A sequel to The Fugitive, which was in turn based on the television series of the same name, U.S. Marshals follows Tommy Lee Jones as he reprises his role of U.S. Marshal Sam Gerard. Instead of hunting Harrison Ford’s character from The Fugitive, Gerard looks to track down a new fugitive, played by Wesley Snipes, one who is eluding them following an international conspiracy scandal.
Like The Fugitive, U.S. Marshals would be a commercial success, though it wouldn’t be anywhere near the critical success that its predecessor was and would have many critics citing its lack of tension and suspense that the previous film was able to build so well.
5 Shock Treatment (1981)
A follow up to The Rocky Horror Picture Show, Shock Treatment would feature several characters from Rocky Horror recast with different actors, along with several actors from Rocky Horror playing completely different characters. All the recasting was a result of many actors from the original movie being unable, or unwilling, to commit to revisiting the material and caused the creators to have to get creative with the new movie.
Shock Treatment sees Brad and Janet from Rocky Horror again in the middle of some weird happenings as they are stuck in Denton, USA, and must navigate the TV shows that make up the entirety of the town.
4 Beyond The Valley Of The Dolls (1970)
Originally intended as a serious sequel to The Valley of the Dolls, Beyond the Valley of the Dolls would end up being something more of a satire of the original movie, which was commercially successful but bombed critically. Co-written by Roger Ebert (yes, THAT Roger Ebert), the film was set up as not only a spoof of the original film, but also a satire of Hollywood conventions and tropes, with actors in the film unsure of whether their lines were supposed to be serious or not.
Looking back on it, Ebert would even say that the movie seemed like “a movie that got made by accident when lunatics took over the asylum.”
3 War, Inc. (2008)
Though separate movies with different characters, War Inc. is seen by many to be something of an informal sequel to Grosse Pointe Blank. Both films have a similar style and theme, feature John Cusack in the lead role as an assassin, feature Joan Cusack as his assistant, and have Dan Akroyd in a supporting role.
Cusack himself thinks of War Inc. as Grosse Pointe Blank 2, describing it as a “spiritual cousin to Grosse Pointe Blank.” Unlike Grosse Pointe Blank, however, War Inc. wasn’t nearly as critically or commercially successful and even had Ben Kingsley win a Razzie for Worst Supporting Actor.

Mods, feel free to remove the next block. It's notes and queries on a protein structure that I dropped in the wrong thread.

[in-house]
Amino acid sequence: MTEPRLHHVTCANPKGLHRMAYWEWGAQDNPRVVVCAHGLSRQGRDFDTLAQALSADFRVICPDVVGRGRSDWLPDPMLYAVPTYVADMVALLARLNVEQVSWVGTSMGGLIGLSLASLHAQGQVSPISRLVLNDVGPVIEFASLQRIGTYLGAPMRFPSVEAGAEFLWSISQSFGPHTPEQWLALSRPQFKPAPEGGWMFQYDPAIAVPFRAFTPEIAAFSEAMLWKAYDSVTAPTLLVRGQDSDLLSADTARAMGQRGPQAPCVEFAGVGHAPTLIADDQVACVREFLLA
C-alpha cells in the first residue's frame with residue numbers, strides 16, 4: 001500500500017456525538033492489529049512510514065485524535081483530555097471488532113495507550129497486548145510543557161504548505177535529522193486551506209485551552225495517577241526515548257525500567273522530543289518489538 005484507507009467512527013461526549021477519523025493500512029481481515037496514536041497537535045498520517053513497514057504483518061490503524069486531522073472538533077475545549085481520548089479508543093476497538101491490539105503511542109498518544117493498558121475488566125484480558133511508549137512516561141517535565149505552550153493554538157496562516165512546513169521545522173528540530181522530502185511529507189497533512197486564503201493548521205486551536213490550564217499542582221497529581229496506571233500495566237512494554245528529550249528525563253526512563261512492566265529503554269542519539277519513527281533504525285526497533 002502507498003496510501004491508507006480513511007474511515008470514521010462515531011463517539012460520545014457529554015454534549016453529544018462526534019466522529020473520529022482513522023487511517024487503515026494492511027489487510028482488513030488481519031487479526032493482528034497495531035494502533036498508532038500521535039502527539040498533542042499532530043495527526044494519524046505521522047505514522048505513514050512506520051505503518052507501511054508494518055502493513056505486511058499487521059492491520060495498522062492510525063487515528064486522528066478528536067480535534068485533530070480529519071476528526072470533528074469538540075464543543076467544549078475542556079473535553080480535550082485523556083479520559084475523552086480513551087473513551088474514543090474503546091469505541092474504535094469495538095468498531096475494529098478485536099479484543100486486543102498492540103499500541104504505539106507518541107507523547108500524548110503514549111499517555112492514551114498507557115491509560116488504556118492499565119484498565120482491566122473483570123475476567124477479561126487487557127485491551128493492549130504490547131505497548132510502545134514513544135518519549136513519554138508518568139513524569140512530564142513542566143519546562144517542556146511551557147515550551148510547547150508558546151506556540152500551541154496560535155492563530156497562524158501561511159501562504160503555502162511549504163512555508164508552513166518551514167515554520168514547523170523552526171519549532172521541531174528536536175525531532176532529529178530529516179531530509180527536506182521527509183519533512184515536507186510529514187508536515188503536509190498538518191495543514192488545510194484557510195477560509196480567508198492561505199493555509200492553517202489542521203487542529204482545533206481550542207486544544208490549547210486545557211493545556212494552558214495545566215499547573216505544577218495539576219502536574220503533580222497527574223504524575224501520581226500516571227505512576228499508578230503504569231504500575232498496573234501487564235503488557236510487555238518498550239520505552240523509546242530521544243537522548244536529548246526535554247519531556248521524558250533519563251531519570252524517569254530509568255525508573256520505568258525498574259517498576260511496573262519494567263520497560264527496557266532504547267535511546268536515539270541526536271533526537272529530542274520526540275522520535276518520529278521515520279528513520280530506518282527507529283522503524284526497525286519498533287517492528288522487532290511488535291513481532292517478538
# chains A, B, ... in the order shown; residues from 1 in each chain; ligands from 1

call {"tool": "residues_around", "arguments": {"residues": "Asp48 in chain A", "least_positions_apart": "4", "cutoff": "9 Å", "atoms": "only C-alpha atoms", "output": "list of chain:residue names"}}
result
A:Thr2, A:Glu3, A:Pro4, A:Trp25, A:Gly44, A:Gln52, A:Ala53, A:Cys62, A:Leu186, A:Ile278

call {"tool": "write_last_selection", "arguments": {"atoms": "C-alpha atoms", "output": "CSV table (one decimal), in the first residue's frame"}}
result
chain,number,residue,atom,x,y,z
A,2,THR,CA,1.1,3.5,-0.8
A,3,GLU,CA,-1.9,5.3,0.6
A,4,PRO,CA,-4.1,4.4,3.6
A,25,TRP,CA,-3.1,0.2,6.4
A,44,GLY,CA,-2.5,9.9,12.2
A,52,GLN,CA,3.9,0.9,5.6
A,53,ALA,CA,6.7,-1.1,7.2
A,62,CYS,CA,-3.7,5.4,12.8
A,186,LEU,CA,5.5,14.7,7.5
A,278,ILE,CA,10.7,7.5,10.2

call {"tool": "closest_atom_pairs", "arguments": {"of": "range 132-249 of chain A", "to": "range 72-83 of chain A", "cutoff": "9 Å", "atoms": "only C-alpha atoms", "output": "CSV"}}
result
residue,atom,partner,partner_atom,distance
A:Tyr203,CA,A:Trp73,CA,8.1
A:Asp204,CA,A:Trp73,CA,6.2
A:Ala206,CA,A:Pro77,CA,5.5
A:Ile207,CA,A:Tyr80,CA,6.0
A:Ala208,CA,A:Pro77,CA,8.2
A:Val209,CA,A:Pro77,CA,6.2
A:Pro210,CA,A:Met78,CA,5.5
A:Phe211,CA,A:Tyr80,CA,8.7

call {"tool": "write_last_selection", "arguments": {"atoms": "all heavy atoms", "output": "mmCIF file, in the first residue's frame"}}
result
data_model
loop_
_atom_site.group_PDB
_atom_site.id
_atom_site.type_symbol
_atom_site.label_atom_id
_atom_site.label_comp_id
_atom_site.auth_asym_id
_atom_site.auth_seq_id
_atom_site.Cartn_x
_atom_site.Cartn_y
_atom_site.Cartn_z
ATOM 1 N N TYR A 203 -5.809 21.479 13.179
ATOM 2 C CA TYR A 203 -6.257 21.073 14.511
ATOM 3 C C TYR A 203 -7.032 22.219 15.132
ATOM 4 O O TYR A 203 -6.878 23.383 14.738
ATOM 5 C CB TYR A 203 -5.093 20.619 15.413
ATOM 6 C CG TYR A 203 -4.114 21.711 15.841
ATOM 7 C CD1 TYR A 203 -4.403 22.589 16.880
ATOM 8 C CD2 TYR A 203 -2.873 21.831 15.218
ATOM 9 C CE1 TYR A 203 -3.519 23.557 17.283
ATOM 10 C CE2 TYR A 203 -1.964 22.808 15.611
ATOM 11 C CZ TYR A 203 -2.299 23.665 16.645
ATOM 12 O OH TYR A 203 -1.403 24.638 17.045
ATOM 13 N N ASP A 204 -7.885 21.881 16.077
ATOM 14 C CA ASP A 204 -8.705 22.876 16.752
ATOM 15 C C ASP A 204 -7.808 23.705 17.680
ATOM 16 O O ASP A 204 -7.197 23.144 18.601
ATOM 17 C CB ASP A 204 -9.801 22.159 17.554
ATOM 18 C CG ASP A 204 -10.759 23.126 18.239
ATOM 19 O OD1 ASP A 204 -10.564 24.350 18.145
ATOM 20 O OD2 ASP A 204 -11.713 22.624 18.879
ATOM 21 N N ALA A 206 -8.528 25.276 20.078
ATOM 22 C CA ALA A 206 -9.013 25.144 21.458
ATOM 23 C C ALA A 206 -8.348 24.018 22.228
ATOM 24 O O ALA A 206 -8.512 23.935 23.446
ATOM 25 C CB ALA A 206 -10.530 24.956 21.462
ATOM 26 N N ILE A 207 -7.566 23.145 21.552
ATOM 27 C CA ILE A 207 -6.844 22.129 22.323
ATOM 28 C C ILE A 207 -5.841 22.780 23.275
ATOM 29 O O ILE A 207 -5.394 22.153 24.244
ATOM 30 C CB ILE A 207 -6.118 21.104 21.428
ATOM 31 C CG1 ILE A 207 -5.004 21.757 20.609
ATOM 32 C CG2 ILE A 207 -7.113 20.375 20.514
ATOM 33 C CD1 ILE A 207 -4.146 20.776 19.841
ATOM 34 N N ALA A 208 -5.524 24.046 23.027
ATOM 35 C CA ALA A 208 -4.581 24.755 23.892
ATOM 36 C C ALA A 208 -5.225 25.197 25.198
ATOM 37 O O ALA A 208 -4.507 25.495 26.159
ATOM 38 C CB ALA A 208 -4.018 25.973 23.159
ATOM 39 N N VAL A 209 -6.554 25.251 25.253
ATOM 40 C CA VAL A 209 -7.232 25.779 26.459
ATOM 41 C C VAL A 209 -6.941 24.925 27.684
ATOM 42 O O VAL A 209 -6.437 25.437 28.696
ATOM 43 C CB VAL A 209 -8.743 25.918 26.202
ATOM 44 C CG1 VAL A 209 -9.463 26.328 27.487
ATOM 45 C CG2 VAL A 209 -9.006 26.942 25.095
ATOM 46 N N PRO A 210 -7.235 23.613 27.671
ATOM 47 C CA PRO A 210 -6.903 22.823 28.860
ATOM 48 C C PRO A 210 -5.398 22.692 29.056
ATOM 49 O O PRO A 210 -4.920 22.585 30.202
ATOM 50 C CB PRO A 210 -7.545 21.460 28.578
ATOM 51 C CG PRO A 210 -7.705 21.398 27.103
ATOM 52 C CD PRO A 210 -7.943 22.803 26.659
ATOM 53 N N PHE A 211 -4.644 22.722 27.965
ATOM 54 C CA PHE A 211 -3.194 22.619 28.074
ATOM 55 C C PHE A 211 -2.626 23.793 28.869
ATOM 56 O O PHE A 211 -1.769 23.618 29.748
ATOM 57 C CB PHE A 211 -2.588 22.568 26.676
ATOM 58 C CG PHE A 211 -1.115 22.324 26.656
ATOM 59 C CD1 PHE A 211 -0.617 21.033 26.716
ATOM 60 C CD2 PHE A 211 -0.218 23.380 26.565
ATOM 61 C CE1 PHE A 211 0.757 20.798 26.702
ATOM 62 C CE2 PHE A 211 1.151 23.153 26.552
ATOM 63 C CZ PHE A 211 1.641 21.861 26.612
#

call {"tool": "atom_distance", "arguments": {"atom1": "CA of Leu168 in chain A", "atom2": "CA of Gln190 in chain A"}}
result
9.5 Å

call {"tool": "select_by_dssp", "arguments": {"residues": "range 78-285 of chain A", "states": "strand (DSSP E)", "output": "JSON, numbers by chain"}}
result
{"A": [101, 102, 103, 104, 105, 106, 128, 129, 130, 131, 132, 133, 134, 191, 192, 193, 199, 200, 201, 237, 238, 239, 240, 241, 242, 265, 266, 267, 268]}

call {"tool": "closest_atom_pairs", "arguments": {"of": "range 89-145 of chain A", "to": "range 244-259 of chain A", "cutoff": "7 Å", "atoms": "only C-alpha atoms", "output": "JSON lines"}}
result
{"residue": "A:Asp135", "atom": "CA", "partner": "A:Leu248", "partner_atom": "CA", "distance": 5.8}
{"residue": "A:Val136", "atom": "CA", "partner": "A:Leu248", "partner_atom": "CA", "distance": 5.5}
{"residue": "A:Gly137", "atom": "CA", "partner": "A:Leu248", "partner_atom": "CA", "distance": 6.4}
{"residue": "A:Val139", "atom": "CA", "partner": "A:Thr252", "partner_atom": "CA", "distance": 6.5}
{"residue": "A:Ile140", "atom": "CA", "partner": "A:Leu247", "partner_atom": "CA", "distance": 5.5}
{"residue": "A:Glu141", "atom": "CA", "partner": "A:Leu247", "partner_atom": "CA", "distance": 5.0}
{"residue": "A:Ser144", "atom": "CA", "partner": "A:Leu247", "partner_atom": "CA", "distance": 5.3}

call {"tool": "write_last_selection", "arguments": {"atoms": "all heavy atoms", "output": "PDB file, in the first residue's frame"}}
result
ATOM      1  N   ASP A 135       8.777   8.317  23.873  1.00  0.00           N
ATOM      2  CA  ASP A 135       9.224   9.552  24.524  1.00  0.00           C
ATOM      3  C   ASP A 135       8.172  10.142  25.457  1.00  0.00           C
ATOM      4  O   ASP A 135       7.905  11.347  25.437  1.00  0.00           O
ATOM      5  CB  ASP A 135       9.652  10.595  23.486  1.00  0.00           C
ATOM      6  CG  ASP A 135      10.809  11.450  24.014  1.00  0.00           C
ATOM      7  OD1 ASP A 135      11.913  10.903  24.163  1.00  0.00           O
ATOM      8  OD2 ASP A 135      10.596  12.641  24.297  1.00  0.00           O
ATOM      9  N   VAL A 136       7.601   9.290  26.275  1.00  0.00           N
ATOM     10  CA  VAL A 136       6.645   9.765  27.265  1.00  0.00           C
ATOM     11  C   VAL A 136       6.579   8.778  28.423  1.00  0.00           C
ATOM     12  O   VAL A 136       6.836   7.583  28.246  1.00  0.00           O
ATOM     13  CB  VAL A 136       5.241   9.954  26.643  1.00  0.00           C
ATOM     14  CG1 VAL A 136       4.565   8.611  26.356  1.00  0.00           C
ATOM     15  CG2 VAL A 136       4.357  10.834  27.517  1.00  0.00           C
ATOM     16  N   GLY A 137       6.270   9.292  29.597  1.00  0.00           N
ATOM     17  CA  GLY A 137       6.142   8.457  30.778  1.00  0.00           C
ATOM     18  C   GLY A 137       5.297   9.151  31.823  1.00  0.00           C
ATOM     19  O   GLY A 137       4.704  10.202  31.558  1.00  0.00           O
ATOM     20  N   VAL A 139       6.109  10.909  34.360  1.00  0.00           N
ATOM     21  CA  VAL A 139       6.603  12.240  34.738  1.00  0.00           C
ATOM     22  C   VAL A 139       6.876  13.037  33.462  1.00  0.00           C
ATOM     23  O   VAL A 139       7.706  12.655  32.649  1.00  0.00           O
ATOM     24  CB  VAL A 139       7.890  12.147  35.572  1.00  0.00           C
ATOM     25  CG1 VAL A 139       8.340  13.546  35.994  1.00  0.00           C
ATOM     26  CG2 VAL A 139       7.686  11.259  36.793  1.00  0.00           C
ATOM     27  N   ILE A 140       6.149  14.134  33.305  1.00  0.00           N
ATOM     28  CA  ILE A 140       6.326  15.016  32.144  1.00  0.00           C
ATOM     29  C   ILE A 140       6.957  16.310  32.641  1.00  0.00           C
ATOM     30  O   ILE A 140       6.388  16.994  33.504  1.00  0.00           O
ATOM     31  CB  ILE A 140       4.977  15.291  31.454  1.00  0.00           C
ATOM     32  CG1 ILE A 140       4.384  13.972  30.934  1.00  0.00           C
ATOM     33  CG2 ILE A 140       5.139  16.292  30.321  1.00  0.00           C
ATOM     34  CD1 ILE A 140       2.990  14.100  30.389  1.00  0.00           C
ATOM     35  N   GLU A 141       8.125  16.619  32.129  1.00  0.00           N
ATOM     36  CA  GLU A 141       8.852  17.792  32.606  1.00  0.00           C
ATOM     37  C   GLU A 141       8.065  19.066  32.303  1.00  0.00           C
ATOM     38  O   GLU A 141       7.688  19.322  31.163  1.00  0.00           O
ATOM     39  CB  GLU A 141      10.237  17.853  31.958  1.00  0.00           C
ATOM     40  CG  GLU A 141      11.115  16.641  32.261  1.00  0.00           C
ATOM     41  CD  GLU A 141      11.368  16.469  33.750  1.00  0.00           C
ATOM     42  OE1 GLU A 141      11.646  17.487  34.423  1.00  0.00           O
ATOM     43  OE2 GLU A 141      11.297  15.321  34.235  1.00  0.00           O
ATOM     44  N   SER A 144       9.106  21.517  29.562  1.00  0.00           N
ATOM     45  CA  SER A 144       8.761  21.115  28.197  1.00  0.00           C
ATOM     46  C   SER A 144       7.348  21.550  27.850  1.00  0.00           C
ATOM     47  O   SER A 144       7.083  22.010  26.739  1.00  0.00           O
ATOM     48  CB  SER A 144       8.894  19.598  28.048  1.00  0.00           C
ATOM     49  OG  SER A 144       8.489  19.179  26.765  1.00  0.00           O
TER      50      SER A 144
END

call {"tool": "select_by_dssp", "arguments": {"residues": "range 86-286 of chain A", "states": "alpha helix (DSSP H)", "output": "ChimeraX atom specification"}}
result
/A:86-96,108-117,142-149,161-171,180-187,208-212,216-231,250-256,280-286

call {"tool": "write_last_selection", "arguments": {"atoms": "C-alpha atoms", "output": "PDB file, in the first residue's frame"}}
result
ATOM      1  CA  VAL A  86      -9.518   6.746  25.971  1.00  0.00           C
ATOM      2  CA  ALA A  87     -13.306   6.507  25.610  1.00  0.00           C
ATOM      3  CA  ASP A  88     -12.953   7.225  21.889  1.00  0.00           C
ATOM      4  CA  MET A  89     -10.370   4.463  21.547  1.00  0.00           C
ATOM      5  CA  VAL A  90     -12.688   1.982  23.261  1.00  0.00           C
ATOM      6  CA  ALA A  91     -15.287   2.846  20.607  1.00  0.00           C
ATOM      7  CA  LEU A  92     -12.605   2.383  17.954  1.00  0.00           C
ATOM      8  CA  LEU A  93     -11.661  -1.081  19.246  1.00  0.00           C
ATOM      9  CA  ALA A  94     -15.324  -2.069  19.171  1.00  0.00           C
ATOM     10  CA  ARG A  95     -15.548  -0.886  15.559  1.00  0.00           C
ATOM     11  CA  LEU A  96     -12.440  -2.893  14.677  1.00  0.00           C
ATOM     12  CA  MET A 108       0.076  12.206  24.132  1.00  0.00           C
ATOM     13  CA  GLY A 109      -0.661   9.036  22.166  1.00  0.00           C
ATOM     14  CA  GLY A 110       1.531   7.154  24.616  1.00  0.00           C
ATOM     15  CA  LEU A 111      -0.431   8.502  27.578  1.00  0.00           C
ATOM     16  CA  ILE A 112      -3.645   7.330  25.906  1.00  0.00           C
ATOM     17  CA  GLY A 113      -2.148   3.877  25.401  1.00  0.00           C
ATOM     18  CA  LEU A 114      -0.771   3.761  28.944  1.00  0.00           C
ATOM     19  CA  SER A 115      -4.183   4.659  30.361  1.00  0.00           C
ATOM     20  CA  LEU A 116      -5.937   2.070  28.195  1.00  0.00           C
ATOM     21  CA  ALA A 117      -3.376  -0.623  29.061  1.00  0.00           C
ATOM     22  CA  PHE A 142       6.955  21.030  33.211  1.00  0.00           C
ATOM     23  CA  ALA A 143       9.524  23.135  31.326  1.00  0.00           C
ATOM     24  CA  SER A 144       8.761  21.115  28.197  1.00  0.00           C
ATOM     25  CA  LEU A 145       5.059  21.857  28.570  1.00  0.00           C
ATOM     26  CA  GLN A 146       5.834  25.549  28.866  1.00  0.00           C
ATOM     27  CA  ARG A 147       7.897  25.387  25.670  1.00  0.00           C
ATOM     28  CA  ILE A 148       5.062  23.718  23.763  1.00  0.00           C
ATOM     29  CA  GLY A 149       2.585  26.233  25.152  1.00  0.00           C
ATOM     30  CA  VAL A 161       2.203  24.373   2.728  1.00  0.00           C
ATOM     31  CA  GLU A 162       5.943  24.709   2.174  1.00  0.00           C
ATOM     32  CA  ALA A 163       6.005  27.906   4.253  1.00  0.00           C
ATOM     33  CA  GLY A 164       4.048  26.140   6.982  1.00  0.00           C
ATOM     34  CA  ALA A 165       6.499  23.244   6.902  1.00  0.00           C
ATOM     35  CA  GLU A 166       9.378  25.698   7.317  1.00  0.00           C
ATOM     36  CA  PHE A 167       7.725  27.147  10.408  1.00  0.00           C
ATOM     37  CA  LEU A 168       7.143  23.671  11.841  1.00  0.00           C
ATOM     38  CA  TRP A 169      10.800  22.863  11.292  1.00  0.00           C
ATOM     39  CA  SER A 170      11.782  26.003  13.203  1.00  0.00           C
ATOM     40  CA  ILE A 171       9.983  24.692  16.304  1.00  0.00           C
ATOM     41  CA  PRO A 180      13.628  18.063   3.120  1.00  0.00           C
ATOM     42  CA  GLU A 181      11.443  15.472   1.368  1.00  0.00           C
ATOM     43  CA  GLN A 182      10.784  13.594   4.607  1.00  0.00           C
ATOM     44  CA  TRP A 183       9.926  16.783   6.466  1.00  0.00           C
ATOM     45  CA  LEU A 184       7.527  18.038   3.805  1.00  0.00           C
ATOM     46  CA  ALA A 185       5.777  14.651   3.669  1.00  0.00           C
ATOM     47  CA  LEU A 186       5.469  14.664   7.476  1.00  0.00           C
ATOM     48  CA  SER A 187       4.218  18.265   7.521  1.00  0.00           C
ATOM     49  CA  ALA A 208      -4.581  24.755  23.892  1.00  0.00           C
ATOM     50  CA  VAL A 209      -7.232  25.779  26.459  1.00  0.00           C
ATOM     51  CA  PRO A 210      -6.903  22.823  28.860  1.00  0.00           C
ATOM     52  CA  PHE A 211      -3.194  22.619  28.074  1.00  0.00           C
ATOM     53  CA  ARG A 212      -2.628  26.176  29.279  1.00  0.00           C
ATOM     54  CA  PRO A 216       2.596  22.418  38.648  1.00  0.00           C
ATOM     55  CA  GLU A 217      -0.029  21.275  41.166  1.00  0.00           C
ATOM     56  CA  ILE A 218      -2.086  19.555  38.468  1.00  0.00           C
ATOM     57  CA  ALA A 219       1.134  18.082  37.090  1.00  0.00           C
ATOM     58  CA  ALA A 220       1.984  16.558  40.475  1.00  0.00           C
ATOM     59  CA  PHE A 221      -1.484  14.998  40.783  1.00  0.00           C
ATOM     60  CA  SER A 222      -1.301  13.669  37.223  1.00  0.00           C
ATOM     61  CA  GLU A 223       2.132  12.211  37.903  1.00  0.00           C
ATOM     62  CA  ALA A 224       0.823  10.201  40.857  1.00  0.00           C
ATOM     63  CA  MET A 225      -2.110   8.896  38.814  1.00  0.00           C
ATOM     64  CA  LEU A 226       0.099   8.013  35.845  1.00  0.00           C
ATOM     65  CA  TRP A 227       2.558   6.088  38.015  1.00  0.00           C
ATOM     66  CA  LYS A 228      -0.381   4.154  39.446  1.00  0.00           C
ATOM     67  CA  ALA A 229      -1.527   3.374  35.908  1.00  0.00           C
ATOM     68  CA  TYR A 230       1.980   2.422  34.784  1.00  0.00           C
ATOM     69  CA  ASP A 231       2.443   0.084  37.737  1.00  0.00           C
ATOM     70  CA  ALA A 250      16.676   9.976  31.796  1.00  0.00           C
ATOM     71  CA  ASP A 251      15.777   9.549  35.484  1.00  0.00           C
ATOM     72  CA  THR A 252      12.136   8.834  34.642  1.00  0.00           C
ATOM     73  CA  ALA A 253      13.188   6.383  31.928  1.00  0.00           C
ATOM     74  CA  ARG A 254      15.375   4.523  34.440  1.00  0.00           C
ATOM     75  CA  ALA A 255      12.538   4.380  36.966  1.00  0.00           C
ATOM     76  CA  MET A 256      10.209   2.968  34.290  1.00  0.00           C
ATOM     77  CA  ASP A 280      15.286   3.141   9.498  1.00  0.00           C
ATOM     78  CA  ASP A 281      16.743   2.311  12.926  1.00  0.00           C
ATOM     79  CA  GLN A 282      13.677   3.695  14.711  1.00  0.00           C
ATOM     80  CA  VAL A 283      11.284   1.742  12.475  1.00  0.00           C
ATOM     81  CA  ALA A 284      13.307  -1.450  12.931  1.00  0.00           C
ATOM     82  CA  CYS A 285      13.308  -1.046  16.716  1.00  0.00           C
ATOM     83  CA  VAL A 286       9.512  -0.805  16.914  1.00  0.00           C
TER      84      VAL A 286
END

2 This Is 40 (2012)
A sort of sequel, sort of spinoff to Judd Apatow’s Knocked Up, This Is 40 follows the married couple of Debbie (Leslie Mann) and Pete (Paul Rudd) after Knocked Up as they approach their 40th birthdays and have to deal with getting older and how that makes them feel.
Apatow has not dealt with sequels often with his movies, but he has talked in multiple interviews about doing a sequel to This Is 40, shifting the focus from the married couple of Pete and Debbie and instead focusing on their teenage daughter Sadie, who is played by Apatow’s own daughter Maude.
1 The Silence of the Lambs (1991)
Though it acts more as a standalone story, The Silence of the Lambs is a sequel the film Manhunter, with both films being based on novels by Thomas Harris. The Silence of the Lambs would be a hit, with Anthony Hopkins turning in a much praised performance and it would go on to win the Academy Awards for Best Picture, Best Director, Best Actor, Best Actress, and Best Adapted Screenplay.
The success of The Silence of the Lambs would spawn one more sequel, Hannibal, along with two prequels, Red Dragon, which was adapted from the same material as Manhunter, and Hannibal Rising. More recently, Dr. Lecter was the subject of Bryan Fuller's NBC TV show Hannibal.
Can you think of any other pseudo-sequels that would apply here? Let us know in the comments!